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4.6 Chains of Reasoning

Arguments can have more than two layers; indeed they can have many layers. Such arguments are chains of reasoning.

Here are two multi-layer arguments we saw on previous pages in this tutorial.  Notice that the main contention of the second argument is a premise in the bottom-level reason of the first. 

The two arguments combined into a single 4-level argument. An argument structure like this is a good example of a chain of reasoning.


Strictly speaking, even a two-layer argument is a chain of reasoning, but the term makes more sense when applied to arguments with lots of layers.

How many layers can arguments have?  In principle, there is no limit.  In fact it is possible to design arguments which have an infinite (no finite limit) number of layers.  Mathematicians and philosophers tend to find this sort of thing particularly amusing.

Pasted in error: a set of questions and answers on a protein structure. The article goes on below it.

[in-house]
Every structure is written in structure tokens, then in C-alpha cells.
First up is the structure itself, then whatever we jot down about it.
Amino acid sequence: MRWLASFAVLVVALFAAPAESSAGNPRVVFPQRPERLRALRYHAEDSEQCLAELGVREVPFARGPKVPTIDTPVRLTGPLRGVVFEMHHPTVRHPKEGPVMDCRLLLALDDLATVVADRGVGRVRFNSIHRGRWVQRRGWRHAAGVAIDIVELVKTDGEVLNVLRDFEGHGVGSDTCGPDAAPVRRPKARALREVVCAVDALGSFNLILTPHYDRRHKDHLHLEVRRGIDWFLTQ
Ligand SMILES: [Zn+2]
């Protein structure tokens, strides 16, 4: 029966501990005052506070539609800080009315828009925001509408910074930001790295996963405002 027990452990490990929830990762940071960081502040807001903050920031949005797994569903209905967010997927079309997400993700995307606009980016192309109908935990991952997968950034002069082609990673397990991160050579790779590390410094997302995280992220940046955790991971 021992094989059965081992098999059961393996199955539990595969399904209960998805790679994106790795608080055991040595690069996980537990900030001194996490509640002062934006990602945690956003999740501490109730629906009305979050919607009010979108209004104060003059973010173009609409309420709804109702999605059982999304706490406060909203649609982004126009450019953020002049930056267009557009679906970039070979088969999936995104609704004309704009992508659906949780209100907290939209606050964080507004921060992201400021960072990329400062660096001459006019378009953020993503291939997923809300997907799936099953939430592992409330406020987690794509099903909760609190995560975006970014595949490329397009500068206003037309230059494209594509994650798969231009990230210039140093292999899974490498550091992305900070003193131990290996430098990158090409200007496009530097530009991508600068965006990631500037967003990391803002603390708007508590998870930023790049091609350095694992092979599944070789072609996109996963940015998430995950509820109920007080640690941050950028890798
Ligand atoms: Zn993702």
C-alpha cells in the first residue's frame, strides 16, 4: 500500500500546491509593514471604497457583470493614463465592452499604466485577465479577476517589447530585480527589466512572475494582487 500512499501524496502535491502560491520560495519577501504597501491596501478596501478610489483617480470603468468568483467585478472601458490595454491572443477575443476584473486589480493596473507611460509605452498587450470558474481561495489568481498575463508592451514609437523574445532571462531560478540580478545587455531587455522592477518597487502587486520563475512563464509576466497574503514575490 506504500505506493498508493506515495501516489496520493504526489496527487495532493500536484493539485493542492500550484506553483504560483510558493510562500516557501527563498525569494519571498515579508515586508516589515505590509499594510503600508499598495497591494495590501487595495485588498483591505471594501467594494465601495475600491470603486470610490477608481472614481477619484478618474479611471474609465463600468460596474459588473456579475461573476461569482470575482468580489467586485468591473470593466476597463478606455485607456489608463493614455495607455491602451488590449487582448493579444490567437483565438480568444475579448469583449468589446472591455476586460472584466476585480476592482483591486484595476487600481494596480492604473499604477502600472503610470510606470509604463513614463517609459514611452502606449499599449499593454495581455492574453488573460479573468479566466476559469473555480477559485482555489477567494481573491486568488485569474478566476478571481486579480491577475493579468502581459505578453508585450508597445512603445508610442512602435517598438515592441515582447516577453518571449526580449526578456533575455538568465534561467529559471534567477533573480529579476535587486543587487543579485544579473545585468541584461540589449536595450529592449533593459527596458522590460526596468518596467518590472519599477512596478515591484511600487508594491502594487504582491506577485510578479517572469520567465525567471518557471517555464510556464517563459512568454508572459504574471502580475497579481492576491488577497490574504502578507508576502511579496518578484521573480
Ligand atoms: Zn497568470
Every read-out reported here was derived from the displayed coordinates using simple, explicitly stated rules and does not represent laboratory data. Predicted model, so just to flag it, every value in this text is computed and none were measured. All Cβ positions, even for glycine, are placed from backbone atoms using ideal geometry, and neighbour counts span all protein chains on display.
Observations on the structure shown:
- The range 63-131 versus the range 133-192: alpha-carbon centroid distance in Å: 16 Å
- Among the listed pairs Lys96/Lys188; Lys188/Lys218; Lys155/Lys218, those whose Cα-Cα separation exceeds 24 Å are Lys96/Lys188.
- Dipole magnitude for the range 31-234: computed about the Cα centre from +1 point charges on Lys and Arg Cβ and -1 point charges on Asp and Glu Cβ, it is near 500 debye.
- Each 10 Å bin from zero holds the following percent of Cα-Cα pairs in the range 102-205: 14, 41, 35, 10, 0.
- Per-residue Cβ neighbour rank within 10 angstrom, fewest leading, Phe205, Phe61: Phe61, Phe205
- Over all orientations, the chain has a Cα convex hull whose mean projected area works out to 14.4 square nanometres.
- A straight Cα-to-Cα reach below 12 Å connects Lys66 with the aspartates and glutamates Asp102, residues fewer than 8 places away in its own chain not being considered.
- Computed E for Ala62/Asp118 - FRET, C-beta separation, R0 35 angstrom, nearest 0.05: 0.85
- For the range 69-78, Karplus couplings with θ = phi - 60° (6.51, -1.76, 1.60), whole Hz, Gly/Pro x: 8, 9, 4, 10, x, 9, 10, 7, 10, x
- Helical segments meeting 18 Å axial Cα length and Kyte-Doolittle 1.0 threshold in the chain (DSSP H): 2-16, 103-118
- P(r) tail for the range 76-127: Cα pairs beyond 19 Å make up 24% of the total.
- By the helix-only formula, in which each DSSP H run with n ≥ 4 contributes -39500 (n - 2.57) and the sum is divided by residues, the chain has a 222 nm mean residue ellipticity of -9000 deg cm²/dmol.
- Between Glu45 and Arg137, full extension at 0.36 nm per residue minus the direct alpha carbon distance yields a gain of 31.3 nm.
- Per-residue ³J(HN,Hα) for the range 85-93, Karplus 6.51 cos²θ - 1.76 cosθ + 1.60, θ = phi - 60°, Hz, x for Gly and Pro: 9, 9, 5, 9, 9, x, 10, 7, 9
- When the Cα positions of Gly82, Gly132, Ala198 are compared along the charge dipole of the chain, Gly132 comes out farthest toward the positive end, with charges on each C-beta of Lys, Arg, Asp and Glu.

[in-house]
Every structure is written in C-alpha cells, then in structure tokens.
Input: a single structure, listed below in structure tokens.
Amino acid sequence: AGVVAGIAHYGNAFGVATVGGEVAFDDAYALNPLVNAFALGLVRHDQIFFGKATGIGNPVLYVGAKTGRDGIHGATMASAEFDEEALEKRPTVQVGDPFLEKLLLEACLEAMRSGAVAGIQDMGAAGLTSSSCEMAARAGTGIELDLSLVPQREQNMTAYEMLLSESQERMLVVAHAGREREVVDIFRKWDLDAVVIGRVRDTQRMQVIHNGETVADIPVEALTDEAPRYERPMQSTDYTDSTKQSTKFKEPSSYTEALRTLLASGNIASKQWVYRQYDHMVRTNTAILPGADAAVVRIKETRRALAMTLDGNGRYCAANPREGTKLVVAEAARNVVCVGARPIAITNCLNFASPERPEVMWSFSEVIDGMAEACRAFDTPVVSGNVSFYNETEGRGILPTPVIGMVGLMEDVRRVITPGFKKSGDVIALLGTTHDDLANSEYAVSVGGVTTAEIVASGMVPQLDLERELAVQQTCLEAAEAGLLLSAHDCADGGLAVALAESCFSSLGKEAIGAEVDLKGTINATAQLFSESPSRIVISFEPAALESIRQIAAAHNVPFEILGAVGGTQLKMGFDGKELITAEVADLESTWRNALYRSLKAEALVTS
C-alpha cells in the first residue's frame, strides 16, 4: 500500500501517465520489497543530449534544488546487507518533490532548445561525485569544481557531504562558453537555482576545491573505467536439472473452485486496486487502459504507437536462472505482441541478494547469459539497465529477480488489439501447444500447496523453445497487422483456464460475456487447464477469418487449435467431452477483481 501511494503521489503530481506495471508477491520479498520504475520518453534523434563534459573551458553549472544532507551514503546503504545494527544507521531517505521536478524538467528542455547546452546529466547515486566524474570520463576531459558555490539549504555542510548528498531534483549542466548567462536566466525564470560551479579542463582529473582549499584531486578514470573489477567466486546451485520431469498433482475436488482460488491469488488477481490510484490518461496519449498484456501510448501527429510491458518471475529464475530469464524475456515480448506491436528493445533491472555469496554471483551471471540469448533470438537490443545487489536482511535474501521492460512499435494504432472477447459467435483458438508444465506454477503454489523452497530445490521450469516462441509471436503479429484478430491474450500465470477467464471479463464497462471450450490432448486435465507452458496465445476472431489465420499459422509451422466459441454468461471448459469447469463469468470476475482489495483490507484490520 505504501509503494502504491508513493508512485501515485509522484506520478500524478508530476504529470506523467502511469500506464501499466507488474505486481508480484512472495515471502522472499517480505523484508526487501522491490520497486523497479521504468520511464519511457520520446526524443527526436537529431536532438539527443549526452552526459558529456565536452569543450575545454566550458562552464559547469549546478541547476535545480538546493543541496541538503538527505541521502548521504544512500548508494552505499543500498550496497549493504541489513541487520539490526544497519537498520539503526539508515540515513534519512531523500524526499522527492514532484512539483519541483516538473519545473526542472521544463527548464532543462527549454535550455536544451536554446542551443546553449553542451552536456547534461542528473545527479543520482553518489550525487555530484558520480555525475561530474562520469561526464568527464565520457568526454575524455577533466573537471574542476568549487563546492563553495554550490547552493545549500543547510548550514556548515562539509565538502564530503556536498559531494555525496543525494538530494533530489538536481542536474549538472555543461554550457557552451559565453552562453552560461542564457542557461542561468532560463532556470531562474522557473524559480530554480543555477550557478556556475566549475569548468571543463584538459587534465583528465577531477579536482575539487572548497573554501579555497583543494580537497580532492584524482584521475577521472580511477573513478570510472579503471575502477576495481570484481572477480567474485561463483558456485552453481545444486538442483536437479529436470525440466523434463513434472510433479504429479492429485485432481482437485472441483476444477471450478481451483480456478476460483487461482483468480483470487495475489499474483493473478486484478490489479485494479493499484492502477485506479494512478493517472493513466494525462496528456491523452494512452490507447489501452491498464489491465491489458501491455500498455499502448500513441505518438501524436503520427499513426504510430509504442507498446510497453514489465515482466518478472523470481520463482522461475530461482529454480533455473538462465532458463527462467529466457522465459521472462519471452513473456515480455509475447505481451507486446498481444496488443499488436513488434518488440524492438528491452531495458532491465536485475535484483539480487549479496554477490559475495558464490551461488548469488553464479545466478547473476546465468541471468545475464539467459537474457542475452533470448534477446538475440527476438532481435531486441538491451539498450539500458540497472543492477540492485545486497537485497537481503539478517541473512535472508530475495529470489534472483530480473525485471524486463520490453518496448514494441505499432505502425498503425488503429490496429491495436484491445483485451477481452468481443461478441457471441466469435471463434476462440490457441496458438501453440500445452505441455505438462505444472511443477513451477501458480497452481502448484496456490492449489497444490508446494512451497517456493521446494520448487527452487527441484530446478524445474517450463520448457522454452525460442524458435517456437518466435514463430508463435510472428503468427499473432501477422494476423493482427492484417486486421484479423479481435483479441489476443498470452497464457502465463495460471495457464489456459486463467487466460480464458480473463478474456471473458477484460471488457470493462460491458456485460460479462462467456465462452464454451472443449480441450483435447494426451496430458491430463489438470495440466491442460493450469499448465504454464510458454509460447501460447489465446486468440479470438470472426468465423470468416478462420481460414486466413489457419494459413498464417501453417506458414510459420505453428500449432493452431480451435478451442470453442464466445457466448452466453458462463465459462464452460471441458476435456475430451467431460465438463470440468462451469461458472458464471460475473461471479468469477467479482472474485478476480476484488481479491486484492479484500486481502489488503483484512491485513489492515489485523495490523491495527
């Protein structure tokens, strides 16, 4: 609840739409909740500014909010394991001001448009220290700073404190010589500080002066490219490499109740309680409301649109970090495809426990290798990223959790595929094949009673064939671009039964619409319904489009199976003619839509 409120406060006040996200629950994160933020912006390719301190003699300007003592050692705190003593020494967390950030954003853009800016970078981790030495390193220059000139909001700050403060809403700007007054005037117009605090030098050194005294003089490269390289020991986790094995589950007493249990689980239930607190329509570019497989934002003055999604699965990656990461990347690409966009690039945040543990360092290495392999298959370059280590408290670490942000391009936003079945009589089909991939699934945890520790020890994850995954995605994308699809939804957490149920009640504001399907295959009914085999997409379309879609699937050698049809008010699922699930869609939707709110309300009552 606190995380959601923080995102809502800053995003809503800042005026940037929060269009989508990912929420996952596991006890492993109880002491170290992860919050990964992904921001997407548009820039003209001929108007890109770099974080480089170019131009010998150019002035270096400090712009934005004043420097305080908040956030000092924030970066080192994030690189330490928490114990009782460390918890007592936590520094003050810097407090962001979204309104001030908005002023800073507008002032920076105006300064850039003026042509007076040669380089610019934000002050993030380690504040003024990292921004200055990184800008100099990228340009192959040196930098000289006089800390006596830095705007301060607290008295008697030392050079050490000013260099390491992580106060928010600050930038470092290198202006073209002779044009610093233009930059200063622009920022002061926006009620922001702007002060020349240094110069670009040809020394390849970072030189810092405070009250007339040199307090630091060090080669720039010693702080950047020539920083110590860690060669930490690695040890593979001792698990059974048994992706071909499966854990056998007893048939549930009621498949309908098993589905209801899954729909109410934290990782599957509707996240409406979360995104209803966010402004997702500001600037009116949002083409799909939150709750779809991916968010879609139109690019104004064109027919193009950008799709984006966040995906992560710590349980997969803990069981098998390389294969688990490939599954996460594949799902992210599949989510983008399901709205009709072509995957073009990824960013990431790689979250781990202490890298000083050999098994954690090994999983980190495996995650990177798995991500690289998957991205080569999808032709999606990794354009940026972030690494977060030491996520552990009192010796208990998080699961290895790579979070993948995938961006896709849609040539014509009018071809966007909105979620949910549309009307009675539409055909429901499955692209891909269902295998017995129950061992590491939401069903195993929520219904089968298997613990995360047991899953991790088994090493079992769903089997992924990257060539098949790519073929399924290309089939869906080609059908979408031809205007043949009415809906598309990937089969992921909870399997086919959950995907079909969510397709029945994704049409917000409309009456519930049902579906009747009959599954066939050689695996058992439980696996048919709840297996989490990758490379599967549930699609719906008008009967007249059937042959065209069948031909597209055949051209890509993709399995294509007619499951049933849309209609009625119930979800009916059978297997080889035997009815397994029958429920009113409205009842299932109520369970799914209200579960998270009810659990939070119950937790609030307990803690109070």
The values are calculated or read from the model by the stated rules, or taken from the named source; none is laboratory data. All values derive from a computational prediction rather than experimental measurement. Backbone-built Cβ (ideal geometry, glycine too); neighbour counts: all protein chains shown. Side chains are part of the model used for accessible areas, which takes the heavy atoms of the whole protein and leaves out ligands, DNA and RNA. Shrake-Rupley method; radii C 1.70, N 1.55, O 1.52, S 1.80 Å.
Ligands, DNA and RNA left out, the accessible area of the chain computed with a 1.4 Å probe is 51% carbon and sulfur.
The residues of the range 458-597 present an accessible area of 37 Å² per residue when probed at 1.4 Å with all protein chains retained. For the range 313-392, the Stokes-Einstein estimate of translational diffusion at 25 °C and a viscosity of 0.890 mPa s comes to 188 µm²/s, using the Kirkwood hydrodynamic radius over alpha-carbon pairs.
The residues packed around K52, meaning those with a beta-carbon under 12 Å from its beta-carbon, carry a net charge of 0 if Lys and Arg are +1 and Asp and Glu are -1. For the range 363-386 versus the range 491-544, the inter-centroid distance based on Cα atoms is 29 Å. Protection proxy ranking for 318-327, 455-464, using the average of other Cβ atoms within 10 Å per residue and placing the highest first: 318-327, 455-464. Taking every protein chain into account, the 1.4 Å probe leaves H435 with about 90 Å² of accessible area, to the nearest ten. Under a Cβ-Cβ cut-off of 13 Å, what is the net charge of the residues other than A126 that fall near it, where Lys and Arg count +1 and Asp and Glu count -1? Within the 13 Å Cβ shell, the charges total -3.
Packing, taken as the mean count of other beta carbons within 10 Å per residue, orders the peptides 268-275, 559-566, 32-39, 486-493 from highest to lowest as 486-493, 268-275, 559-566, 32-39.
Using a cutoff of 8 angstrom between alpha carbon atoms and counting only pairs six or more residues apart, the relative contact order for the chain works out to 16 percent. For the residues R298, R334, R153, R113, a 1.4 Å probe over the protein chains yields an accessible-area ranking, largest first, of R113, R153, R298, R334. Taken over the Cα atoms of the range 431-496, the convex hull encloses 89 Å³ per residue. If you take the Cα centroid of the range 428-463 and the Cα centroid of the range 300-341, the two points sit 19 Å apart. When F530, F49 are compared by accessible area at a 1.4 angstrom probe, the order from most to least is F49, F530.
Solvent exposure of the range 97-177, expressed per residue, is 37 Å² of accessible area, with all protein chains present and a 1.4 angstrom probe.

In ordinary life, the number of layers you can expect to see has a lot to do with factors such as:

It is not uncommon to find arguments with six, eight or even ten layers, but arguments with fifteen or twenty layers are very rare. 

New Concepts

A chain of reasoning is a multi-layer argument.  Usually the term is applied to arguments with more than two layers.

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